There has been some progress in looking at these issues and the UK government is considering new legislation allowing the recognition of contracts that have been signed using digital signatures. There is also an EEC Directive on the same subject.
There has been considerable progress in dealing with cybertrade in closed user groups, such as banks and insurance companies. Here, electronic data exchange (EDI) has existed for some years and it is usually regulated by an underlying interchange agreement (IA) made between the parties concerned. The IA is a document that sets out the contractual and commercial obligations within the closed user group, using EDI technology. The IA is not a watertight solution to all the legal problems that could arise, for instance, in the case of fraud; however, it works quite well in a closed user group where all the parties basically trust each other.
Public key infrastructure: available products
There are about six companies in the broadcast television industry offering encryption products for sale; however, these are not suited to a public key infrastructure environment, such as the broadband Internet. Some of these are starting to consider this area and may well bring out suitable products in the future. However, security companies that have traditionally supplied equipment for the retail-banking world using the existing telecommunication network already have solutions and products available.
One such company, Thales e-Security, sells a range of security products that will encrypt and decrypt IP data streams. It also designs systems that use smart cards to provide security, enabling buyers to offer public keys up to sellers. The company manufactures a certification authority security module that can be used for signing public keys in a small network; it can also be used with the Entrust organisation. Many of these modules incorporate tamper-resistant technology, which will cause the keys that they store to be destroyed if the module is moved or opened in any way.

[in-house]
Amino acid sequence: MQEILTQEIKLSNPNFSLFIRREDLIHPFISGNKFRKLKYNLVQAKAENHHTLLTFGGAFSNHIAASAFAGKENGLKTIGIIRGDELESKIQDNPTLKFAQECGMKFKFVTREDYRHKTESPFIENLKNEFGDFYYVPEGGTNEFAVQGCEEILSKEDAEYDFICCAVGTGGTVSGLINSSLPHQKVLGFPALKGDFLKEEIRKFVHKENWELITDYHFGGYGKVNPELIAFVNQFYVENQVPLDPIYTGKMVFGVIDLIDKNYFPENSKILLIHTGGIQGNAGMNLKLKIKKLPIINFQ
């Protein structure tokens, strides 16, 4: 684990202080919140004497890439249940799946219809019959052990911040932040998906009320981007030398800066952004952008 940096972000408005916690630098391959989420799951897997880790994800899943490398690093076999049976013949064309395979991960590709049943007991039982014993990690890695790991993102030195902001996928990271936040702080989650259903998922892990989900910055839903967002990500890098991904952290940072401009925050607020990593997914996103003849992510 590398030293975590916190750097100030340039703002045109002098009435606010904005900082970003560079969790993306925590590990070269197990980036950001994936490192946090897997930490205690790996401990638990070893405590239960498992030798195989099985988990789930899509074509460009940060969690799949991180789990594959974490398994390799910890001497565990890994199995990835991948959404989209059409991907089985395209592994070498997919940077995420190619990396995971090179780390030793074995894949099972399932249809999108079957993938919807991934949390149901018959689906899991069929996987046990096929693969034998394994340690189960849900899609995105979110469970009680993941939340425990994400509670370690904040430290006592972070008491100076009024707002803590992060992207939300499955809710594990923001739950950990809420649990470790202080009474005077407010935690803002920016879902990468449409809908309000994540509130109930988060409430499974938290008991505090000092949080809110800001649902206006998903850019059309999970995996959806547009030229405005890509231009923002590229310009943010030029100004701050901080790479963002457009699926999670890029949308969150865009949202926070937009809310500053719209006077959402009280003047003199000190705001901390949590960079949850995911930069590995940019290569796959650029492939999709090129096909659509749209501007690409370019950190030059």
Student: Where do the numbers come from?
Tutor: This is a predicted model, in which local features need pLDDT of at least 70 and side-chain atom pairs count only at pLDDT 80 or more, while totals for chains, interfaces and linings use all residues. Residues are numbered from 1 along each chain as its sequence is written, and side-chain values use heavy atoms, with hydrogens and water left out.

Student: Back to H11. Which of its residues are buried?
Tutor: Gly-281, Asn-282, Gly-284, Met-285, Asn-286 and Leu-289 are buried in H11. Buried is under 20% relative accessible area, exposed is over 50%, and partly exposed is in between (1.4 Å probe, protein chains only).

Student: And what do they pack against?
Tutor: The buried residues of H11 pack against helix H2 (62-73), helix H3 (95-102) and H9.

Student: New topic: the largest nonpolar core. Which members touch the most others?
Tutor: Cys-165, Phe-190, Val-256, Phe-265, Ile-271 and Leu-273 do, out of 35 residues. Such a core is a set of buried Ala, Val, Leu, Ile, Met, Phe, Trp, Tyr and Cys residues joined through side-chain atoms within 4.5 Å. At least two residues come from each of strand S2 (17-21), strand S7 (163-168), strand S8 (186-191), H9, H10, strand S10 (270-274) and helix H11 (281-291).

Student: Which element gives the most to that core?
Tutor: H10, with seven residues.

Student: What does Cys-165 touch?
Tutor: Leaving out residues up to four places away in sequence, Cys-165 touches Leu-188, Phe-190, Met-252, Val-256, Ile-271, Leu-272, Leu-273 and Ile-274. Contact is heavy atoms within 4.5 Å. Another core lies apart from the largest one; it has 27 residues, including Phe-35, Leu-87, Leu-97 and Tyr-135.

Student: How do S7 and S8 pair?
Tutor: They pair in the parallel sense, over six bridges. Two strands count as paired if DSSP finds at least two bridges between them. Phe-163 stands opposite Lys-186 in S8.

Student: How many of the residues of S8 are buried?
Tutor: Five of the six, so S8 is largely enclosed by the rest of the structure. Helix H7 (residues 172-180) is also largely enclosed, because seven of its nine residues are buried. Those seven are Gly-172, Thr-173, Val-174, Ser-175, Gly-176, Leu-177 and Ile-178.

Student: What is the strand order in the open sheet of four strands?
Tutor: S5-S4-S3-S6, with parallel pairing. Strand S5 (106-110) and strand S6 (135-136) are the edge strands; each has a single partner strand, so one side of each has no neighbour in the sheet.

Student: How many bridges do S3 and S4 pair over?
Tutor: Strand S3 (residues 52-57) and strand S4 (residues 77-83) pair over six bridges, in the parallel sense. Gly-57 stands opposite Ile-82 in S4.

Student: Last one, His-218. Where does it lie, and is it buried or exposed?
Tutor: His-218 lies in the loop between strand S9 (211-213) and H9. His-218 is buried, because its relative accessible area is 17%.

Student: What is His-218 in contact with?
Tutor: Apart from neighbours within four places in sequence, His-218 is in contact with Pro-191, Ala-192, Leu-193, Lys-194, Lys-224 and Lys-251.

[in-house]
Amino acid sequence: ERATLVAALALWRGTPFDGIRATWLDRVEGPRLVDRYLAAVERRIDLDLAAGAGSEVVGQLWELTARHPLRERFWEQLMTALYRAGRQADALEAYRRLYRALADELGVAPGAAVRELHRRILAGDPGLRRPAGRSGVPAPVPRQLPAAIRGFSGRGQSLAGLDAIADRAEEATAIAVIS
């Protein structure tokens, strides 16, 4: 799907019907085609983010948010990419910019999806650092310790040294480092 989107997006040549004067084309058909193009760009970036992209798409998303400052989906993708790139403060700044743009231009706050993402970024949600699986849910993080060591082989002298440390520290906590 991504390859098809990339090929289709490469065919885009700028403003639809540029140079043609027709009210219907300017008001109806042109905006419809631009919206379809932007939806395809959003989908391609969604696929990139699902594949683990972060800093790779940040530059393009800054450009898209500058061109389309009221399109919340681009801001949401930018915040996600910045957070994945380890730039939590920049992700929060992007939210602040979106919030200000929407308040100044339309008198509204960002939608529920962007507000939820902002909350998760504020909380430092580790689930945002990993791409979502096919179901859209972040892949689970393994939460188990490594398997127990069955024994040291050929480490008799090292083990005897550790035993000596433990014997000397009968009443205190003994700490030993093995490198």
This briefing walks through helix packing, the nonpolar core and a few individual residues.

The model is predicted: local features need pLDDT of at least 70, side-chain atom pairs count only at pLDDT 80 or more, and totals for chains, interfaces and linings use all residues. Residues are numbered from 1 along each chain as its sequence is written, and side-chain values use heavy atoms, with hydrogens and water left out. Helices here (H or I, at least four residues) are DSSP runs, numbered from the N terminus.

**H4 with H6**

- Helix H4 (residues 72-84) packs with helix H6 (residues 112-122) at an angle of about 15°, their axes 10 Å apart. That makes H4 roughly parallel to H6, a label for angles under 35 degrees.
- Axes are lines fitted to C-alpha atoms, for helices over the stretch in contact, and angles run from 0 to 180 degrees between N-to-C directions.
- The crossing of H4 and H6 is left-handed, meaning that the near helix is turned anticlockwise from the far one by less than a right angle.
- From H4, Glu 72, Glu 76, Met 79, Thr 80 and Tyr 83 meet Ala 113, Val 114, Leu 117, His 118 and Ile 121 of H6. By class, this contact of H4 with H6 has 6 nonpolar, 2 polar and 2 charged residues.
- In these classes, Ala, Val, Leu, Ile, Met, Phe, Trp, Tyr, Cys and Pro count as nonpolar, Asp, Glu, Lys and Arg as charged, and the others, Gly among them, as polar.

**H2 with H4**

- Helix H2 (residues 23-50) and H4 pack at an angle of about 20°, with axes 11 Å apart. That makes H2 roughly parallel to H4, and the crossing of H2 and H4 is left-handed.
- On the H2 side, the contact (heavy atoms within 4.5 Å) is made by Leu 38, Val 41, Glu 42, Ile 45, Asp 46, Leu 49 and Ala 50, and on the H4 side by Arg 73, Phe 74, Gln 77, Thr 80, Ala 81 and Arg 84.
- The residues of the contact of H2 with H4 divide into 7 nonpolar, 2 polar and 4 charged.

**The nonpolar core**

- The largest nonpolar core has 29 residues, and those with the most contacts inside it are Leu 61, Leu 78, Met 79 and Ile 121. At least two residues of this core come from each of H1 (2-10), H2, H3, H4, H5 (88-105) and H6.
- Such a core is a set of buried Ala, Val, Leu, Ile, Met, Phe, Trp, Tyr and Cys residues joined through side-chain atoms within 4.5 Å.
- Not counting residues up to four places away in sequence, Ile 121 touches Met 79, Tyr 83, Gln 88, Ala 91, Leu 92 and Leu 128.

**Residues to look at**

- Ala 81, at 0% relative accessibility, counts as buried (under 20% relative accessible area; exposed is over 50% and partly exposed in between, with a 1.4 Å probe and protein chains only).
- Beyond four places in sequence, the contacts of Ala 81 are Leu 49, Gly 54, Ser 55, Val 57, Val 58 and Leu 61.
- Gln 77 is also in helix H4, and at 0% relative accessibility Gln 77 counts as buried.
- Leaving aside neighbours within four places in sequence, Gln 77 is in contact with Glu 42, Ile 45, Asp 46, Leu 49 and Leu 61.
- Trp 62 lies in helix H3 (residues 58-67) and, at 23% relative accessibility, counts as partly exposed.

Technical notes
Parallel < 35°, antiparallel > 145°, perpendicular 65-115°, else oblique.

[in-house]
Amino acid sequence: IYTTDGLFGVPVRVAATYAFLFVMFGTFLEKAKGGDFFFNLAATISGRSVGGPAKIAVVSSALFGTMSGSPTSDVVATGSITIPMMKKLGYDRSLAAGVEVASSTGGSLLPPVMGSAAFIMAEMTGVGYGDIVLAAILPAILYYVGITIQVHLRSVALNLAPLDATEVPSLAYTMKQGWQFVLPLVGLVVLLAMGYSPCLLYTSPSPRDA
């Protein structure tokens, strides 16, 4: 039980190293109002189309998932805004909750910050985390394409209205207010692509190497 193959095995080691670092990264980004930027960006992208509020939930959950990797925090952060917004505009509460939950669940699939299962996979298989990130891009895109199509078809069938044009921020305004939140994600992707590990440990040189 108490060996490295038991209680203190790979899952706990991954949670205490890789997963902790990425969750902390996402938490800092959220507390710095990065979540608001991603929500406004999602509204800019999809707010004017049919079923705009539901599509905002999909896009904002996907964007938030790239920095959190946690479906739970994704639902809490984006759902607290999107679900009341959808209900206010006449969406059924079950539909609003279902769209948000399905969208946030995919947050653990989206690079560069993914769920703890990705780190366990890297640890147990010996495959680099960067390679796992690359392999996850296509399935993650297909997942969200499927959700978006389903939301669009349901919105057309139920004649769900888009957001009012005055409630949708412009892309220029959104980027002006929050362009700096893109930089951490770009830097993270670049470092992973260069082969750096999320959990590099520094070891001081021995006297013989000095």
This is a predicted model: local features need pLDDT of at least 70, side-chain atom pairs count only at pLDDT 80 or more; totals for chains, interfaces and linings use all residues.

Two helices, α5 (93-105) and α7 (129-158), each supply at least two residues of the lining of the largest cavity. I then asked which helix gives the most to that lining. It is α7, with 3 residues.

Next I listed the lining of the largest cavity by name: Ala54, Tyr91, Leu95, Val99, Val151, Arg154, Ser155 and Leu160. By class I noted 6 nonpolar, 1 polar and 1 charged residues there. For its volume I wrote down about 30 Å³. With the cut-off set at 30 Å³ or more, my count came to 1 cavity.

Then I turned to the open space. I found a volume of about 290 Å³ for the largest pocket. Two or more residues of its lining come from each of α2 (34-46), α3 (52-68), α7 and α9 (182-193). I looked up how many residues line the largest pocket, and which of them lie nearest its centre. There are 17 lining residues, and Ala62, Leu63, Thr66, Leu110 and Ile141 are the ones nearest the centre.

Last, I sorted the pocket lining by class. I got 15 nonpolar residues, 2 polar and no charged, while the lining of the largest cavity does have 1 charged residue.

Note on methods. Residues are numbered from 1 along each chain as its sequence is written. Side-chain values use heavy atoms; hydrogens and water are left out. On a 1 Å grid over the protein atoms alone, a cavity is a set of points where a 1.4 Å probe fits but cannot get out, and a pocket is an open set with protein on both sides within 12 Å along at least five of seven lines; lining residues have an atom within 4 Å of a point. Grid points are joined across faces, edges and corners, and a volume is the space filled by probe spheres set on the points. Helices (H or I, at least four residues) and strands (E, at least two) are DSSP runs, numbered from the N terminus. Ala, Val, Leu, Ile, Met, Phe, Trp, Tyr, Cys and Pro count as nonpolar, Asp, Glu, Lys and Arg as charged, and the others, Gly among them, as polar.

The current IP data-enciphering modules will encrypt and decrypt 10 base-T ethernet streams. The continuous data throughput of the 10 base-T module is 4.2 Mbits/s data capacity. Around the third quarter of 2002, 100 base-T IP data-enciphering modules should become available, that will have a continuous data capacity of some 90 Mbits/s.
The cryptographic technology needed for the transmission of video material over a distributed broadband Internet-type environment already exists and is available from UK security companies. Such companies also offer a system design service to cater for particular needs up to 90 Mbits/s data capacity.
The largest problem likely to be encountered in the design of such a large e-market network is the storage and management of all the signed and certified public keys.
The main limitation at present is the poor performance of the existing Internet. Broadband systems are being developed to ease this problem, but it is probable that there will always be a shortage of suitable ‘broadband’ paths through any complex distributed network.
It is possible to buy equipment to encapsulate IP packets in packet streams of other systems, such as XDSL and ATM. This would enable the encrypted IP packets to be sent over more reliable existing networks and give a stepping stone to the fully distributed broadband Internet-type world of the future.
Broadband networks are likely to start on a small scale by closed user groups. Here, the legal issues will be straightforward and could be governed by a simple interchange agreement. However, the wider issues involved in a full e-commerce environment should be kept in mind as the network expands.
Arthur Mason OBE
Thales Research, Reading
Arthur Mason graduated from City University, London, in electronic engineering and has spent 28 years in broadcasting research and development. He started his career with the Independent Broadcasting Authority. He was a consultant to the Norwegian Telecom administration where he developed the basic principles of PAY-TV encryption. From 1990 Arthur worked within the private successor companies of the IBA laboratories. He is the acknowledged pioneer of digital terrestrial television, for which he received the OBE in 1997 for services to broadcasting. He is Visiting Professor at the University of Bath and was formerly the Chairman of the Virtual Centre of Excellence in Broadcasting and Multimedia Technology Ltd. Arthur wrote the first draft of this article when he was at Tandberg Television and their permission to publish is acknowledged. He is now with Thales Research in Reading.